Eagle Eye - It knows when you are sleeping. It knows when you're awake. It knows your weekend plans and what you're having for dinner because it's monitoring the plague of electronic devices in our pockets and purses. The Patriot Act-protected title character in Eagle Eye is a self-aware, anti-terrorism surveillance computer that goes rogue - deciding to assassinate the leaders of America to end the self-imposed state of terror. The all-seeing robot uses its gathered information and control of all things electronic to rope in two unsuspecting civilians - Jerry (Shia LaBeouf) and Rachel (Michelle Monaghan). Billy Bob Thornton is along for the ride as an FBI agent in pursuit of the pair. But good luck following the action - director D.J. Caruso's shaky shots are more disorienting than a 5-year old playing with a video camera. In the end, not even the snappy dialogue and charm of LaBeouf and Thornton can stop Eagle Eye's political nausea. HH (Jason Morgan)
The Express - The Express isn't just another sports movie. While it's ostensibly about the career of Ernie Davis (Rob Brown), the first black athlete to win the Heisman Trophy, and how his career was tragically cut short, it's about much more than that. The film stars Dennis Quaid as Ben Schwartzwalder, a former American soldier who took a no-nonsense attitude toward the football field. The movie's essentially a feel-good rags-to-riches story as it shows how Davis came from a small Pennsylvania mining town and slowly worked his way to the top of an already strong college football program, helping his team win a national title. While the tragic outcome of the story might have been better served with a simple postscript, the fact that the film's about 15 minutes too long isn't a huge detriment. HHH (Niesel)
Fireproof - Imagine a government bailout putting the Southern Baptists in charge of Fox Cable; then Rescue Me would look like this: Hotheaded Georgia firefighter Caleb (Kirk Cameron), an internet porn addict, turns to Jesus and a series of "love dares" (that's trademarked, evidently, judging by the book tie-ins being sold) to salvage his failing marriage to a hospital PR flack. Alas, winning the miserable bitch's ardor again is tougher than his lifesaving exploits. With production values of a circa 1980 (A.D.) TV movie, this second Christian-inspirational drama from filmmaker-pastors Alex and Stephen Kendricks (after Facing the Giants) has the wisdom to know it can't compete with Backdraft in the visuals, so don't expect inferno-level action. Indeed, close your eyes and you'll swear (well, no you won't; nobody swears here) you're hearing an evangelical radio soap opera on WCRF-FM, complete with community-theater acting and sermonizing dialogue. And there's an audience for that, OK, but verily, ye must be Born Again to fully enter into what amounts to an infomercial for the Bible-centered covenant-marriage movement. At least the script is pretty frank in acknowledging wedded bliss is a ... flaming turd. HH (Charles Cassady)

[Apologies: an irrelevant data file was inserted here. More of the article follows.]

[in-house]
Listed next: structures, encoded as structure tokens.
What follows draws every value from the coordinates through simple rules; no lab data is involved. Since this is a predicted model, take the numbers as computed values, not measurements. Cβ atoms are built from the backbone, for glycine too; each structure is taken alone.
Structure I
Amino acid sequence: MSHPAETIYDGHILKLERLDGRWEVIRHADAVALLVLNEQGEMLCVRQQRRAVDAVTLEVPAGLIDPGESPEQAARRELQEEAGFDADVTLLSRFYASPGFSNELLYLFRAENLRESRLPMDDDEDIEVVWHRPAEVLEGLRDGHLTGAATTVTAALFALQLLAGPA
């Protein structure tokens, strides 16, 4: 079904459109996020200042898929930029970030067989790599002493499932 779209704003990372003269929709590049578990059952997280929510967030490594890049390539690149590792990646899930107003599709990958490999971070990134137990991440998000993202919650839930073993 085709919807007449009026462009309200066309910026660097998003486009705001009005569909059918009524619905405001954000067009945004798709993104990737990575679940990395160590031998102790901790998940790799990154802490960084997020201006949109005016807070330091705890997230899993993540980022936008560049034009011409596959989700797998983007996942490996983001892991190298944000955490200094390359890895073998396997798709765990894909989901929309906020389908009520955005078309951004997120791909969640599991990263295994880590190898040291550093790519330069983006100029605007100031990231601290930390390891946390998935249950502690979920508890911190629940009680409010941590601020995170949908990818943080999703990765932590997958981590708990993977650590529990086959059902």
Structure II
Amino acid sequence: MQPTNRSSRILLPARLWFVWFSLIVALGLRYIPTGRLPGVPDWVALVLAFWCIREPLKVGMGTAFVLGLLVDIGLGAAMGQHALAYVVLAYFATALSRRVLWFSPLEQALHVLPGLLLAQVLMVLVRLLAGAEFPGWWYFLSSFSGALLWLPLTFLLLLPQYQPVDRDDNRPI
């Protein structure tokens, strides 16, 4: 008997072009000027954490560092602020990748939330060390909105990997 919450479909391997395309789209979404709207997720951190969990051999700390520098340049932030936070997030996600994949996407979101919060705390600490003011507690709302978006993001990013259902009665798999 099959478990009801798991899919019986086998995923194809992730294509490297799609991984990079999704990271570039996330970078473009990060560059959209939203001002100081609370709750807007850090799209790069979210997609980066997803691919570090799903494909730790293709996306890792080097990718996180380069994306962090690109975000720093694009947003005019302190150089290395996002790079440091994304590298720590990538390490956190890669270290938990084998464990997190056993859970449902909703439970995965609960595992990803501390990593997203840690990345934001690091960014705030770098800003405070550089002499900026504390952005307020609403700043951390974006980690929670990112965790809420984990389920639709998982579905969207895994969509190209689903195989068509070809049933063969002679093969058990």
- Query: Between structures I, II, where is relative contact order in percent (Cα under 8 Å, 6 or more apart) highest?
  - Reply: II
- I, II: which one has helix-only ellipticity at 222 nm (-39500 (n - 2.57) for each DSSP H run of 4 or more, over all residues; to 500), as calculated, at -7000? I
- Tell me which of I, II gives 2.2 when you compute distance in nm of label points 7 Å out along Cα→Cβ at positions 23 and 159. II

Flow: For the Love of Water (US, 2008) - This documentary chronicles the threat to freshwater. Cleveland Institute of Art Cinematheque. At 7:15 p.m. Friday, October 17 and 10 p.m. Saturday, October 18.
Ghost Town - Brit funnyman Ricky Gervais plays Dr. Bertram Pincus, an uptight, Scrooge-like dentist who's so misanthropic, he likes the fact that his patients are often too numb to speak. But when Pincus encounters some health problems, he has to make an emergency trip to the hospital and wakes up to find out he came close to dying during an operation. As a result, once he's revived, he can see dead people, and his life takes an abrupt turn. One of the ghosts that talks to him is a guy named Frank Herlihy (Kinnear), who'll only leave Gervais alone if he agrees to break off his his engagement to widow Gwen (Tea Leoni). Bertram acquiesces but not because he likes Frank. In fact, he can't stand him and ends up not only befriending Gwen but also the guy she plans to marry. As much as the movie's about a guy so mean-spirited, he won't even hold the elevator for anyone but himself, it's also got a pretty big heart. Gervais, who helped develop the character with ideas of his own, is terrific, even if he's not really good-looking enough for the part. HHH (Niesel)